Heart Rate

Nelson told me he recently calculated his max heart rate. Here’s my two cents worth on the subject:

As of June 2012; average of 5 different formulas I found on the web puts my max heart rate at 179. I may have to revise since I’ve had a birthday in the mean time!

One website recommends 80-87% of max as ideal training zone. Hal Higdon on Livestrong says 65-75% on long and recovery runs; intense workouts ok 90-95%.

Based on 179:

65% = 116 75% = 134 80% = 143 87% = 155 90% = 161 95% = 170 (peak)

Garmin’s recommendations based on 179:

Zone 1  50-60%  89-107 bpm

Zone 2  60-70%  107-125 bpm

Zone 3  70-80% 125-143 bpm (“optimal cardio”)

Zone 4  80-90% 143-161 bpm (“improved anaerobic, speed”)

Zone 5  90-100% 161-179 bpm

3 comments on “Heart Rate

  1. neltow says:

    I’ve read a lot about HRmax and VO2max, and I am frequently confused by the various percentages. I must admit, I still spend a lot of time cross-referencing various tables and comparing the various recommendations with my personal experience. The latest touchstone that I have on this (that I like) is Daniels’ table of training intensities (p. 35 of Running Formula). For HRmax, he puts Easy running at 65-79%, marathon at 80-90%, threshold at 88-92%, intervals at 98-100%, and “reps” or repititions (which are basically repeated “controlled” sprints) off the chart.

    One of the interesting things to me is that VO2Max % is lower than HRmax, that is, they’re not the same. So at 79% HRmax, you’re only at 74% VO2max… Then they get closer together the higher you go. A lot of things you read will be talking about effort in terms of VO2max, and the percentages (for the same effort) are lower.

    VO2 is something I can’t measure – other than by perceived effort and taking race times and approximating it. On the other hand, HR is something I can measure and use to compare different runs for fitness changes. So, I like HR better, it’s more accessible.

    Another thing I’ve read is that HRmax, once you start training, will actually stabilize. So, you won’t see it go down over the years. So, a lot of times the birthday calculations will only give you a good place to start. Of course, a good place to start is better than no place to start!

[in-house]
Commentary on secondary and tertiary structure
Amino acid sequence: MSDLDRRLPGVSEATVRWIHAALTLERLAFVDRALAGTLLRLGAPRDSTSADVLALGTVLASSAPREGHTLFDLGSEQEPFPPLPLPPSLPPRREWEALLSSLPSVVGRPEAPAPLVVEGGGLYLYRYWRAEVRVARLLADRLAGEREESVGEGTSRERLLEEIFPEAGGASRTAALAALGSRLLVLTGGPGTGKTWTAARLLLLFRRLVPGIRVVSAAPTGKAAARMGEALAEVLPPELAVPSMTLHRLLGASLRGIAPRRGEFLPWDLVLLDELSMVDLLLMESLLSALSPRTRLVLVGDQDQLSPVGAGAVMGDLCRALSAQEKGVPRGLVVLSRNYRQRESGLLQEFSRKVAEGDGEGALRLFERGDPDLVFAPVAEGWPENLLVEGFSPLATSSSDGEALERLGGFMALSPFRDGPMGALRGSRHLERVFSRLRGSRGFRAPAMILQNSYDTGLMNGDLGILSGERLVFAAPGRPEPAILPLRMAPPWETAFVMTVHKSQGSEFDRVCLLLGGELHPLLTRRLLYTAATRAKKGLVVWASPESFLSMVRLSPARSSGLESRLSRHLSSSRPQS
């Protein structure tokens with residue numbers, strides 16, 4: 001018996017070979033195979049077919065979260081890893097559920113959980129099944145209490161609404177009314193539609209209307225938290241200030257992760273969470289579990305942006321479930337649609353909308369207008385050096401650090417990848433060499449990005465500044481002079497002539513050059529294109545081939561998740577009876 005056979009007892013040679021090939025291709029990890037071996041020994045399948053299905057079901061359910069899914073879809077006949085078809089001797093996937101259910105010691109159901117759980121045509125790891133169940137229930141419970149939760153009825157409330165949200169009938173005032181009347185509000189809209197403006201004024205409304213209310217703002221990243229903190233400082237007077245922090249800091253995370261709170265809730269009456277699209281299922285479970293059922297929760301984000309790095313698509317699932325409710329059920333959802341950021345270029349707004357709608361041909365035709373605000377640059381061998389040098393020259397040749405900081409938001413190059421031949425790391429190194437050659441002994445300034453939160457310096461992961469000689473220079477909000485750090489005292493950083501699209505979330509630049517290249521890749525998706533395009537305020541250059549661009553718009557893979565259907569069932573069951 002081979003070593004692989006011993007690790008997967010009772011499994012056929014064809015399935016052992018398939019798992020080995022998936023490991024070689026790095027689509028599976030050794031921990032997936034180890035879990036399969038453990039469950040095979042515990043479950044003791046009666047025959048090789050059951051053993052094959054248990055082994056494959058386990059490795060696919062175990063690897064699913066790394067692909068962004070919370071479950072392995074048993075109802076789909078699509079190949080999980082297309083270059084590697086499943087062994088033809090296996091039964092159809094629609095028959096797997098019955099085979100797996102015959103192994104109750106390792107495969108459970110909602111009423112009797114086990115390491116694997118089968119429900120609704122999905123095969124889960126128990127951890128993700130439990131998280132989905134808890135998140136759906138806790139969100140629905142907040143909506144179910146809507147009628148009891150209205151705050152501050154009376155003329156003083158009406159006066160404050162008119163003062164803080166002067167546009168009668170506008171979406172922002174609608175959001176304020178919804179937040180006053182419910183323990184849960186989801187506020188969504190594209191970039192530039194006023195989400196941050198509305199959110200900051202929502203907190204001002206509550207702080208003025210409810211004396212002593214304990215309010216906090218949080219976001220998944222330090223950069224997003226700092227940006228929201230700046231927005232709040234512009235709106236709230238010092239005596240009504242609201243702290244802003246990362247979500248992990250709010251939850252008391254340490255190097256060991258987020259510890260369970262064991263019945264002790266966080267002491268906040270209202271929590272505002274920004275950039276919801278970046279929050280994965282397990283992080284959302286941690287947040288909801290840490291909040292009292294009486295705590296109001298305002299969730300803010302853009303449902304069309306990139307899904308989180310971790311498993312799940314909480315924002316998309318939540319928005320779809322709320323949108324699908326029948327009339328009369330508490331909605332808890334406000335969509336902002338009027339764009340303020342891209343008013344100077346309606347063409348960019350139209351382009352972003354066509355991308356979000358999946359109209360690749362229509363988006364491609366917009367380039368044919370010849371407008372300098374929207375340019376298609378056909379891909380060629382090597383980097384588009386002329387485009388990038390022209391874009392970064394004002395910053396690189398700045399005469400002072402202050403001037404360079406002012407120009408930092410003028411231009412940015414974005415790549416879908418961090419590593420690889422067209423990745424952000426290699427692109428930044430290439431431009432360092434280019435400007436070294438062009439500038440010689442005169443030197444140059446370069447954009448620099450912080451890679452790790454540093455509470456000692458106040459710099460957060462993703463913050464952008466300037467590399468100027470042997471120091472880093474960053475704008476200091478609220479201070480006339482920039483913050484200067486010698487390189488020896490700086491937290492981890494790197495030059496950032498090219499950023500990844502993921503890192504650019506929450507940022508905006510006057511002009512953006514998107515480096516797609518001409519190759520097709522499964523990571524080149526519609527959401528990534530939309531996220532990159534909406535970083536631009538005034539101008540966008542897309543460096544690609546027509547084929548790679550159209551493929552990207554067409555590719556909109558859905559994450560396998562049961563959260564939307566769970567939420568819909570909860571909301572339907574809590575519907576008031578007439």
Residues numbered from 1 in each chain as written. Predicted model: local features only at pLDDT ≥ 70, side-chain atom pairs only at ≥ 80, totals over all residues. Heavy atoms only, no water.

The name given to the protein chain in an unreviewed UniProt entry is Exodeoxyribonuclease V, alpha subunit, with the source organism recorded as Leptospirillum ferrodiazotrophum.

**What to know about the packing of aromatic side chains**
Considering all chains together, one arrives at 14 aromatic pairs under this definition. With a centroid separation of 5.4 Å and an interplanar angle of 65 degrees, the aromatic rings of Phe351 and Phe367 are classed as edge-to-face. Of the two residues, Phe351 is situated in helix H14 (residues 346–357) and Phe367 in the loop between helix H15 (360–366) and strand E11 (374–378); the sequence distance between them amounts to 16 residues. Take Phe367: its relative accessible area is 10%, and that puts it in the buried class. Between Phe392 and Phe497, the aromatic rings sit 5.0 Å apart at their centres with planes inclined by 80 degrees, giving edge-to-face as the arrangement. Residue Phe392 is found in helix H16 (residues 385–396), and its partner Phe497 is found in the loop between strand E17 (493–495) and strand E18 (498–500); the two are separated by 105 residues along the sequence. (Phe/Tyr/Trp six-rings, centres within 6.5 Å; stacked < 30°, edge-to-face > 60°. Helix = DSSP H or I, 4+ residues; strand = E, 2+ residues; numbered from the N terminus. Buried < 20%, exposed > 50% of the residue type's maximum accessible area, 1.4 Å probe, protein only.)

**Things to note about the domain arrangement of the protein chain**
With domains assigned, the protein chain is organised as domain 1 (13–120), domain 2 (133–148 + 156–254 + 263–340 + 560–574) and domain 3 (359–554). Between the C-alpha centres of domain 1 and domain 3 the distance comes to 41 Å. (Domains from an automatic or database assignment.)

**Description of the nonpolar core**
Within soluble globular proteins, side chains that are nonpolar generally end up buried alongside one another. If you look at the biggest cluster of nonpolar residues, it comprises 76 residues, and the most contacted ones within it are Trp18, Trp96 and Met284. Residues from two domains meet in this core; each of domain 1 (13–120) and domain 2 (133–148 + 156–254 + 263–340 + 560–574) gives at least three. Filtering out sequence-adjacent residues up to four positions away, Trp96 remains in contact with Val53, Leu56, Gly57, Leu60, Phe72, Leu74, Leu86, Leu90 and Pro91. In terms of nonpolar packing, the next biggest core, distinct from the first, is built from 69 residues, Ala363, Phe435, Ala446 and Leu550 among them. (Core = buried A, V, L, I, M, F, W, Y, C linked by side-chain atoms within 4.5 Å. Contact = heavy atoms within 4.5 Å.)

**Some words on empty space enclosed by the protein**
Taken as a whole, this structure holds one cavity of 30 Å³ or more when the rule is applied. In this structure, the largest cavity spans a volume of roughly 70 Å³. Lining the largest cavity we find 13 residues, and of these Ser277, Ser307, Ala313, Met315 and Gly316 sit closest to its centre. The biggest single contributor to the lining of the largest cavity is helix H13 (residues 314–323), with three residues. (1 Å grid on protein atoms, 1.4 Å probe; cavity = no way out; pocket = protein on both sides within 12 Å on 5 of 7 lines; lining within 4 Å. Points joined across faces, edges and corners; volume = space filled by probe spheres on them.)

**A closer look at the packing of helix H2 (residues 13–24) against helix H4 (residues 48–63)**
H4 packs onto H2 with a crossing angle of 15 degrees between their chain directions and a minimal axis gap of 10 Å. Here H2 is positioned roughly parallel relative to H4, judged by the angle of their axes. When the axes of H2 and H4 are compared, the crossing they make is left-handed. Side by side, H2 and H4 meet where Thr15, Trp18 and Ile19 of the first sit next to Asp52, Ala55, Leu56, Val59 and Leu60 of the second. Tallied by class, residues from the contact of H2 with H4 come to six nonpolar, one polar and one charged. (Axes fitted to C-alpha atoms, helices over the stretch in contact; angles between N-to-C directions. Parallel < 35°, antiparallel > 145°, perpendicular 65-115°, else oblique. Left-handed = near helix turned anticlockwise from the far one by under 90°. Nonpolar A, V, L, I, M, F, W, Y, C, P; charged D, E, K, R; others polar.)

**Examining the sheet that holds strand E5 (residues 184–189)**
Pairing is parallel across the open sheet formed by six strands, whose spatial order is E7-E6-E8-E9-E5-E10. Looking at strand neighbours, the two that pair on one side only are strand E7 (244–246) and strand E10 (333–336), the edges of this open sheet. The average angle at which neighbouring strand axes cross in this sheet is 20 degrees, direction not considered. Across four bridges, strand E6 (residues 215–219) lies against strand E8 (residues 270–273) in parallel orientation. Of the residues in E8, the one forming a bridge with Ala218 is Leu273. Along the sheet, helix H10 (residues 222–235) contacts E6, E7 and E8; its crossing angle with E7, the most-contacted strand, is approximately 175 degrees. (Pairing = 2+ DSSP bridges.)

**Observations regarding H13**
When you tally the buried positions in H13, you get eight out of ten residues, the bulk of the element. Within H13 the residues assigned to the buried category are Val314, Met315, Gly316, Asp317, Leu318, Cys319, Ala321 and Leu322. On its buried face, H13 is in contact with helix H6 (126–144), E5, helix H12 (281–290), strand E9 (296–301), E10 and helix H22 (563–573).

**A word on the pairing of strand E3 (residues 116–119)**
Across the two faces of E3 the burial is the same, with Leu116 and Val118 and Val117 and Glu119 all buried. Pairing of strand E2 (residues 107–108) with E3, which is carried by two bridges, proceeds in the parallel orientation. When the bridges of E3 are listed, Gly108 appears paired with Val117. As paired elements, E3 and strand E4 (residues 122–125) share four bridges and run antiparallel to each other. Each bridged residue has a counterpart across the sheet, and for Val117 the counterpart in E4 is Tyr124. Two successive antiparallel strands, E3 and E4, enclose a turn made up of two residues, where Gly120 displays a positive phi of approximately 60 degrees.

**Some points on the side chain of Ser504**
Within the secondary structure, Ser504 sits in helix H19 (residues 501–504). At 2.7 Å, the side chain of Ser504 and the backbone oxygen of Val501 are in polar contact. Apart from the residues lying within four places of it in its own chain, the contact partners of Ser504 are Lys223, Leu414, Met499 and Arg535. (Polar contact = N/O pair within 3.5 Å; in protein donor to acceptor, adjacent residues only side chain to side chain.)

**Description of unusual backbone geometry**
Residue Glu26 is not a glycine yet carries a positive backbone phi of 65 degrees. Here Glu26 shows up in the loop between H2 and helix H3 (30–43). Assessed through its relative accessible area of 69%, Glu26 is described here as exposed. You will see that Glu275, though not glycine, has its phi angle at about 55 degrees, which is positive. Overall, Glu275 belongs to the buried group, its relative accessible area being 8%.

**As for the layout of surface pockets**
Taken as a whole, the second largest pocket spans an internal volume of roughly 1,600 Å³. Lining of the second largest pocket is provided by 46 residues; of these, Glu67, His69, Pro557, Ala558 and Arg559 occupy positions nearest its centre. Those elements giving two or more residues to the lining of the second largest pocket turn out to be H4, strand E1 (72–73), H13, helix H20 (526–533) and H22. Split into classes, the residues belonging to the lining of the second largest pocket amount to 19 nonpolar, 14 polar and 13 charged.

My post on my test is at http://runnersexperiment.wordpress.com/2013/01/11/heart-rate-at-vo2max/

  2. Tad says:

    I’m reading the Paleo Diet for Athletes right now. Very focused on training as well. You probably know this, but according to this book apparently you can get take a stress-test type test to find out your VO2max. It is several hundred dollars – I don’t know if it’s available anywhere around here as such. It is specifically for athletes – not medical diagnosis. Of course as I said I think a cardio stress test would give you the data you want – if you could talk the tech into giving it to you.

    The book very much subscribes to the idea that LSD training is the way to go to teach your body to burn fat and not gobble up all your carb reserves. Very technical stuff but everyone has a natural ratio of carb-burning to fat-burning – although you can alter that somewhat with how you train.

    I targeted a HR of 70-75% on my 1.5 hour workout on Saturday. Heart rate monitors are a really helpful training tool for keeping effort up, or keeping it from getting too high. I wanted 2 hours, but hey, it was in the middle of the day so I can’t be greedy.

  3. Tad Kardis says:

    Small correction. I referred to a test to measure VO2max. The test the book was referring to may give you that too, but it is a test for RER (Respiratory Equivalancy Ratio) aka RQ (Respiratory Quotient). I’m not sure I could explain the details or precisely what it means, but knowing the number helps you to figure out your body’s sugar-burning vs fat-burning preference. Eating the right kind of higher-fat diet during training can teach your body to burn more fat and dip into your carb reserves less, in theory getting you past THE WALL.

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